This article covers one essential aspect of an efficient budget.
“A Clean Slate”
An efficient budget needs to start with a clean slate. This can be done through an inventory wipe or through discount accounting.
A clean slate means that you adjust your budget to account for what you already have on hand. Let me give you two examples of why this is important. I will also show two ways to do this accounting through these examples.
Let’s say you run some numbers on how much food people eat at your house and you find that it costs $50 per week to feed everyone. This does not necessarily imply that you should budget $50 per week because you may already have food on hand. This can also be called inventory if you are a business. If you do not account for this food you already have on hand there will be several possible inefficient outcomes. The least inefficient outcome is that at the end of the week you have a little money left over. The most inefficient outcome is that you go ahead and buy all of the food ahead of time and by the end of the week it has still not been used. It spoils and you just burned some money.
Some people would say that having a little extra cash at the end of the week isn’t so bad. I agree that it’s not really bad, but think about the opportunity cost. Think about what you could have done with that little bit of money if you knew ahead of time that it would be extra. Maybe you could have avoided paying some extra interest or late fees on a credit card. Maybe you could have bought slightly higher quality food. Usually there is something better you could have done and that is why this is important. In particular it gets important when we are dealing with businesses, but I use the household analogy to keep it simple.
The inventory wipe is the first way to take care of this problem. What you do with this solution is you simply ensure that there is no food on hand at the time you budget! For me and my wife this would mean that if we are doing a budget on Monday, today is Saturday and we still have food on hand for two days, we simply make sure that for the next two days we eat the food at the house. No going out this weekend or whatever. Ideally there will not even be a slice of bread left on Monday at the time we budget. That would be a perfect inventory wipe.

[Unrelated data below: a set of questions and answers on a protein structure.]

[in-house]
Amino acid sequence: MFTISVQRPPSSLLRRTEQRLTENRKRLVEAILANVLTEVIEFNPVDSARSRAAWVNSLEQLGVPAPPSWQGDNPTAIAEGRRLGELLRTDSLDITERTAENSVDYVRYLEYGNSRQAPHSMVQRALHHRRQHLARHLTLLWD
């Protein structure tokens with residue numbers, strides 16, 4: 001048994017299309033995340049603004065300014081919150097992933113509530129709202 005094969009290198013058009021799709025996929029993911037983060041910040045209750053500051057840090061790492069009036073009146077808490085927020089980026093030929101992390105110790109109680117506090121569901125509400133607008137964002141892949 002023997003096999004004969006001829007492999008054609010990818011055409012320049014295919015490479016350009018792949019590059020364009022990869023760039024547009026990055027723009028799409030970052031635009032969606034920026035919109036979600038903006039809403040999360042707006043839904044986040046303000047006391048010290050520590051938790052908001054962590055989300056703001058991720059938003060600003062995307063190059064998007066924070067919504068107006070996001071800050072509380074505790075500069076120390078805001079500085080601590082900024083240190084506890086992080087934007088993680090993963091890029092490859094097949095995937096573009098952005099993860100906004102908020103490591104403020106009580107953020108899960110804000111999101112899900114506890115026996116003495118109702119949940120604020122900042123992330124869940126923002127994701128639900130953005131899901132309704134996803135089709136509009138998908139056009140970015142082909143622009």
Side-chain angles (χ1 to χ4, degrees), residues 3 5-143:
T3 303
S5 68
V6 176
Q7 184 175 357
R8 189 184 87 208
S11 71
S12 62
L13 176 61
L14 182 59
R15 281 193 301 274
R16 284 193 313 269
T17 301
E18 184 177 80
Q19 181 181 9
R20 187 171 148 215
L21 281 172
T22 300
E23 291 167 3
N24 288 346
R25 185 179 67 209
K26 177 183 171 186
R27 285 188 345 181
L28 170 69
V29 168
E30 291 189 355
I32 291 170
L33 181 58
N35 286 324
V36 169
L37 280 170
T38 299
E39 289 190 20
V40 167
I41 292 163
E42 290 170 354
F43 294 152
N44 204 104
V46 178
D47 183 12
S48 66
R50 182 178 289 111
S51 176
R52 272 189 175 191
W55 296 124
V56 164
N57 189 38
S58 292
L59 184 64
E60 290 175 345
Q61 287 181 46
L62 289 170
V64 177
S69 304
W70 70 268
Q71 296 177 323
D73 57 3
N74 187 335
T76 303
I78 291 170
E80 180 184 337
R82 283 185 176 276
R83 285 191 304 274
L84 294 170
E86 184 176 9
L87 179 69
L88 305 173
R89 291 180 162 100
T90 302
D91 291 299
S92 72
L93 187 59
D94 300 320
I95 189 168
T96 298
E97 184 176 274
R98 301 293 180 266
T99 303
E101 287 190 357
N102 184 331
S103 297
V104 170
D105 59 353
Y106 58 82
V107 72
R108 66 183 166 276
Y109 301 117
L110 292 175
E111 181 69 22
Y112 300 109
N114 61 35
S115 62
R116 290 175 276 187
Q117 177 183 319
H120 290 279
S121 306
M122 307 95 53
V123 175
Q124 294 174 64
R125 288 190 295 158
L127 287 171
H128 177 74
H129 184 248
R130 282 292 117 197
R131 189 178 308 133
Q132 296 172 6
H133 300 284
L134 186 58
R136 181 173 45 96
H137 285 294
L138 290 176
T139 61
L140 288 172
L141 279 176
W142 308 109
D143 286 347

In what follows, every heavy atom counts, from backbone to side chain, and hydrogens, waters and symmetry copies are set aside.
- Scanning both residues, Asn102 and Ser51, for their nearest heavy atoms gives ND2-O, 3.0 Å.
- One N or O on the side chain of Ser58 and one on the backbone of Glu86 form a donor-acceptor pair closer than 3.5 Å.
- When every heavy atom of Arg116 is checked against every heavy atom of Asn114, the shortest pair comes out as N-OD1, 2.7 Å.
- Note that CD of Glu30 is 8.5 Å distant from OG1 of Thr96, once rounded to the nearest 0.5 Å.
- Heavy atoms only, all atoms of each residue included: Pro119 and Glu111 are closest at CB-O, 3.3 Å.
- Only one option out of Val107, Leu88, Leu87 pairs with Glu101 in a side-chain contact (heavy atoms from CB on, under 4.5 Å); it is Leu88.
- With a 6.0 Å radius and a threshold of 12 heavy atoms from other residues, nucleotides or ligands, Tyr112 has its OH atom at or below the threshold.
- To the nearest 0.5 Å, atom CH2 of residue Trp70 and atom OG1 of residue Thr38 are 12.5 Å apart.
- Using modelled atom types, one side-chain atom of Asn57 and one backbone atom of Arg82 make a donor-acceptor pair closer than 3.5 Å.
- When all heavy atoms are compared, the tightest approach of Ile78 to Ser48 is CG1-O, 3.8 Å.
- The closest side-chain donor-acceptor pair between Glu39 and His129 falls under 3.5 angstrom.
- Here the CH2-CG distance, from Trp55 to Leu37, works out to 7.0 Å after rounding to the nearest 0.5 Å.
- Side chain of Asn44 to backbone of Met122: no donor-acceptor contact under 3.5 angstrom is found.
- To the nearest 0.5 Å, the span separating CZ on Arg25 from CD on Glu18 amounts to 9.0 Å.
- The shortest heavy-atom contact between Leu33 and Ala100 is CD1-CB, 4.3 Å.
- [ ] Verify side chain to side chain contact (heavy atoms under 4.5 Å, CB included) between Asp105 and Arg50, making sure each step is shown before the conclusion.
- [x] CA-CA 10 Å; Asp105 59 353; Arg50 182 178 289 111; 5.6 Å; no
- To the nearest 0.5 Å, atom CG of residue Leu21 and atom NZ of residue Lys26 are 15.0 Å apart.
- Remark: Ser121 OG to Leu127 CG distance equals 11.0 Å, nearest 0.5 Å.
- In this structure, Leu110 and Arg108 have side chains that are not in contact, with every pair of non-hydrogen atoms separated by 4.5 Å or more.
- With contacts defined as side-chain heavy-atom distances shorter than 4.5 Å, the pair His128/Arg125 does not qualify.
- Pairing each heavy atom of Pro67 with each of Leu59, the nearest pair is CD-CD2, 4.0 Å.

Sometimes an inventory wipe is not possible. Maybe it’s not Saturday when me and Tina have two days of food left, maybe it’s Sunday. Maybe we aren’t dealing with food. We could be talking about gas in your car. You aren’t going to literally use every last drop of gas. That’s not a problem! What we would do is simply evaluate the inventory on hand and reduce the budgeted amount by that much. This is called discounting the budget.
When we discount our budget we have to use what are called real terms. In other words I need to look in the fridge and figure out how many meals the food there will make, not how much was paid for the food there. The number of meals is the amount in real terms while the price of that food is the amount in nominal terms.
After I figure out how many meals I have on hand I need to look at my budget. Now we need to turn this into nominal terms because budgets are made in nominal terms. It doesn’t matter what I paid for the food in the fridge in the past, what matters is what I was planning to pay for food in the budget. If I budgeted $5 per meal and I have a couple meals in the fridge I should reduce my budget by $10, eat those two meals before they spoil and then start using my budget money. I only reduce the budget by $10 even if I bought that food for $100. It doesn’t matter what happened in the past, it matters what’s in the budget.
For the gas example I would need to figure out how much gas I have on hand, figure out how much that is worth and deduct that from my budget. My car is kind of cool because it tells me on a digital display how many miles per gallon I am getting and how many gallons I have left until empty. Some people aren’t so lucky because there are many cars that only have the needle tick display. The reason I bring that up is because sometimes you’re going to have to get creative about how you measure these things and it’s going to involve some estimating with what is sometimes a large degree of possible error.
This brings up my last point and it is one which is very important. It is better to be safe than sorry! While you might be a tough guy that can rough it and skip a meal if you didn’t budget enough for food, I’m not sure you’re a tough guy who wants to rough it and push your car a few miles to the nearest gas station if you didn’t budget properly for gas.
Hope these tips helped!
- Healthy Eating On A Budget (locavori.wordpress.com)
- How Much Does It Cost To Be You? (thethrivingcreative.com)
- My kids are bottomless pits…on a finite, food stamp budget (poorasfolk.wordpress.com)